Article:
It presents Ryan Bingham (Clooney), a work-aholic with no personal life to speak of and a penchant for traveling. He works for a company that deals with the sensitive matter of firing people for bosses and CEOs that can’t handle it themselves. When a youngster fresh from Cornell (our neighbor!), Natalie Keener (Anna Kendrick), comes in and tries to reinvent the company by installing video chat firings, Bingham lets her tag along with him to show her what a horrible thing it actually is to fire someone, and how it just can’t be done through a computer.
In the process we see how Bingham operates. We get a look at his routinized system of living and how regretful he is of changing it. His romantic interest, Alex Goran (Vera Farmiga), gives hope that Bingham could have a normal life, but, like so many other things, it’s she’s so normal herself.
The characters are complex, as well as the plot, and the acting and writing are both fantastic. While there’s Oscar talk for Clooney, I have to say that, while Clooney did do an incredible job, the character of Ryan Bingham doesn’t stand out enough to garner a Best Actor. I give it four stars because it is the overall package and can be enjoyed by anyone.
It’s Complicated ***
I drove through a massive snow storm just to see Alec and Meryl in this adorable romcom. The story is fun, the dialogue and characters both are entertaining, smart, and hilarious, and overall it just made me feel fantastic! Nancy Meyers has a talent for making me excited to be in my 50s.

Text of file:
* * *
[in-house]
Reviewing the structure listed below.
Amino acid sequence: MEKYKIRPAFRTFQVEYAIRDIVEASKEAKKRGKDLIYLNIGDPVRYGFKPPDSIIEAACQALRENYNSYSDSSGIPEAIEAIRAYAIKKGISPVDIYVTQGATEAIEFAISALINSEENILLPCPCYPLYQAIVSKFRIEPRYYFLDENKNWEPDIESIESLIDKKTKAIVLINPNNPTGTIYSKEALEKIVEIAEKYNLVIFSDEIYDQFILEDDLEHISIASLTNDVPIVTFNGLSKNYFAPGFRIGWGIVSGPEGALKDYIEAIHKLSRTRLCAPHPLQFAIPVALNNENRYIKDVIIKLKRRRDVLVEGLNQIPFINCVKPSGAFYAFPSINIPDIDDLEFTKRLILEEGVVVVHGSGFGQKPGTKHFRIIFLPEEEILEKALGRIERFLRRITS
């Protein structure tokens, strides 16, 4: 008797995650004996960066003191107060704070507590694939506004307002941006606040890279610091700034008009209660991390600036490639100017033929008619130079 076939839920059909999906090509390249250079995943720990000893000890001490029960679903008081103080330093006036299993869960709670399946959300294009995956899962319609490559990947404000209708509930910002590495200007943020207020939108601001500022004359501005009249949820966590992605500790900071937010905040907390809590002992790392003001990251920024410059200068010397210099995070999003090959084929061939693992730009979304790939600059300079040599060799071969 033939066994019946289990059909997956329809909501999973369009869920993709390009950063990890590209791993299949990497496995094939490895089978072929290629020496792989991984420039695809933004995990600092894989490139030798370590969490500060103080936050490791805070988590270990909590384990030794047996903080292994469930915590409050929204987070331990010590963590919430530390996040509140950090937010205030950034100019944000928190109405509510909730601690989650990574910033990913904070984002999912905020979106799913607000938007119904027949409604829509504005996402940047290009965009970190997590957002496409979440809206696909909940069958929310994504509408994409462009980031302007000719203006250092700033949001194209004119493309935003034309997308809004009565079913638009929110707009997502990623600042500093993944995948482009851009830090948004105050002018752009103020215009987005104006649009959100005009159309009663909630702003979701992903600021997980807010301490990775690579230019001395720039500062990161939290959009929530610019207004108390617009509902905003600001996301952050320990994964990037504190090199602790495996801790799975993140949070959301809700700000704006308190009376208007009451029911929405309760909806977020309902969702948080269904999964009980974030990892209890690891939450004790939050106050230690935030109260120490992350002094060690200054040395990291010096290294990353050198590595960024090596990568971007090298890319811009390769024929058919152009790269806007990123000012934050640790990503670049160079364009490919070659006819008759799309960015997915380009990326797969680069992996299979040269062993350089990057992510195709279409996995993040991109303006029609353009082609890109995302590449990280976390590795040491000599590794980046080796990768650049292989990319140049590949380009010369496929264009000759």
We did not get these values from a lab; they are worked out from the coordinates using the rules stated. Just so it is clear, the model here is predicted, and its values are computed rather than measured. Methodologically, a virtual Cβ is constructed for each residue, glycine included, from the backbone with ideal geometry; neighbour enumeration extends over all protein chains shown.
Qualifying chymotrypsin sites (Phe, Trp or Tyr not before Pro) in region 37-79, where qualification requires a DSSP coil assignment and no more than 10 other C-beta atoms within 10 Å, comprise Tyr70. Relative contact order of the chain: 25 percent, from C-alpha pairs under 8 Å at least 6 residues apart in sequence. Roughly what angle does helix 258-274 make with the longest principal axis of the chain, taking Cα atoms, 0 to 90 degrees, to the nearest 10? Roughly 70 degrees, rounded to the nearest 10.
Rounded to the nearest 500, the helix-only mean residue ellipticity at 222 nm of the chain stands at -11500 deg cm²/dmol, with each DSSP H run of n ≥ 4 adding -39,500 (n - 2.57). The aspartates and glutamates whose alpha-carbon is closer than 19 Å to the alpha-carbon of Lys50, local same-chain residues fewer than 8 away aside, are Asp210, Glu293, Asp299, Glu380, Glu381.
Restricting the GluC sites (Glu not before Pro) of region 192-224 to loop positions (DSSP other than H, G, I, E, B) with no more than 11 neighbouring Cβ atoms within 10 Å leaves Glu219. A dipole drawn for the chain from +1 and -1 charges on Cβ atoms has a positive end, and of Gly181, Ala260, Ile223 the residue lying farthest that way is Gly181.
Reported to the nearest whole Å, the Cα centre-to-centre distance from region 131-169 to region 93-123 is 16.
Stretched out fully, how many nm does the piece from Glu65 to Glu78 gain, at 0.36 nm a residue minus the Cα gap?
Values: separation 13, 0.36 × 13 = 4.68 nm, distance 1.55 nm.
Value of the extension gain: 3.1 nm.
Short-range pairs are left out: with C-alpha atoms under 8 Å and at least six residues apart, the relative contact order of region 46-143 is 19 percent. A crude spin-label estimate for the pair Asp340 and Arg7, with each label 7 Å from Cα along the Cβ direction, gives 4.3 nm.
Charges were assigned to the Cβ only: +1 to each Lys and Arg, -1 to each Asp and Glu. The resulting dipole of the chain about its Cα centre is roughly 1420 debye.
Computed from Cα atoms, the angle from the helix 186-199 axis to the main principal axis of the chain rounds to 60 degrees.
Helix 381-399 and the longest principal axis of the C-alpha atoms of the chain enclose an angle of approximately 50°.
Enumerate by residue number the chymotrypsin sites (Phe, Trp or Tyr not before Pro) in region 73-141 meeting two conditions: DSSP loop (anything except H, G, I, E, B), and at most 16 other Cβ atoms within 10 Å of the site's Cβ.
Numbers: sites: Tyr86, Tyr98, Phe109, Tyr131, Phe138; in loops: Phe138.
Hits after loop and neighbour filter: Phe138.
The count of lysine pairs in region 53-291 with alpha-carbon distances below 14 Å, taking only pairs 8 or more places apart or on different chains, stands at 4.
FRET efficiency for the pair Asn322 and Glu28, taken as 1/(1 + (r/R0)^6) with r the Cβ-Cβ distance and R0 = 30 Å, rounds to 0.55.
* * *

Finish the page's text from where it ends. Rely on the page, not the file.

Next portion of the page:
Everyone is so elegant and live in such well put together homes. They all look like they dress in Gap and Ralph Lauren and eat lavishly decorated chicken and pastries all the time. Who wouldn’t want this life, quirky hi-jinx included?! Meyers’ films aren’t always super creative and tend to be similar, but it’s something I crave over and over again, like chocolate peanut butter pie.
This tale of a middle aged divorced couple reconnecting keeps romance and fairy-tales alive for more than just teens, yet still keeps it real. Baldwin, Streep, and Steve Martin give wonderful performances that keep you smiling. I must admit that I liked Something’s Gotta Give better, but It’s Complicated is a close second. Three stars for great humor, a good story, and a fantastic cast all around!
I was surprised by this one. With all the hype it was getting, I was almost ready not to see it out of principle. But I did, and I’m glad I did, too. Avatar is visually stunning. The world of Pandora is so complex and beautiful that that alone makes the film exciting and fun to watch.
While it’s been taking many hits for its plot, I actually found it very touching. Your basic Pocahontas story reincarnated for a future time and space–a tale of imperialism at its most disgusting and the heart and resolve of those fighting to stop it. It’s relatable to current life, as Americans fight in the battle over oil and natural recourses, and it’s reminiscent of our past.
Jake Sully (Sam Worthington), an ex-marine, takes his brother’s place in a scientific quest, headed by Dr. Grace Augustine (Sigourney Weaver), to learn about and communicate with the indigenous people of Pandora. In the process, he falls in love with the people, the planet, and Neytiri (Zoe Saldana), the chief’s daughter. Humans (basically Americans) are interested in the planet Pandora for its rare and valuable minerals, and are ruthlessly harvesting them without a care to the original inhabitants.
While I hate to give him even MORE credit (like the Terminator, the Abyss, and Titanic didn’t do enough already), James Cameron has definitely done it again. Avatar is massively entertaining, and gets my four stars.
Stay tuned for another Box Office Quicky, as I still have nothing to do for about three weeks and movies play all day!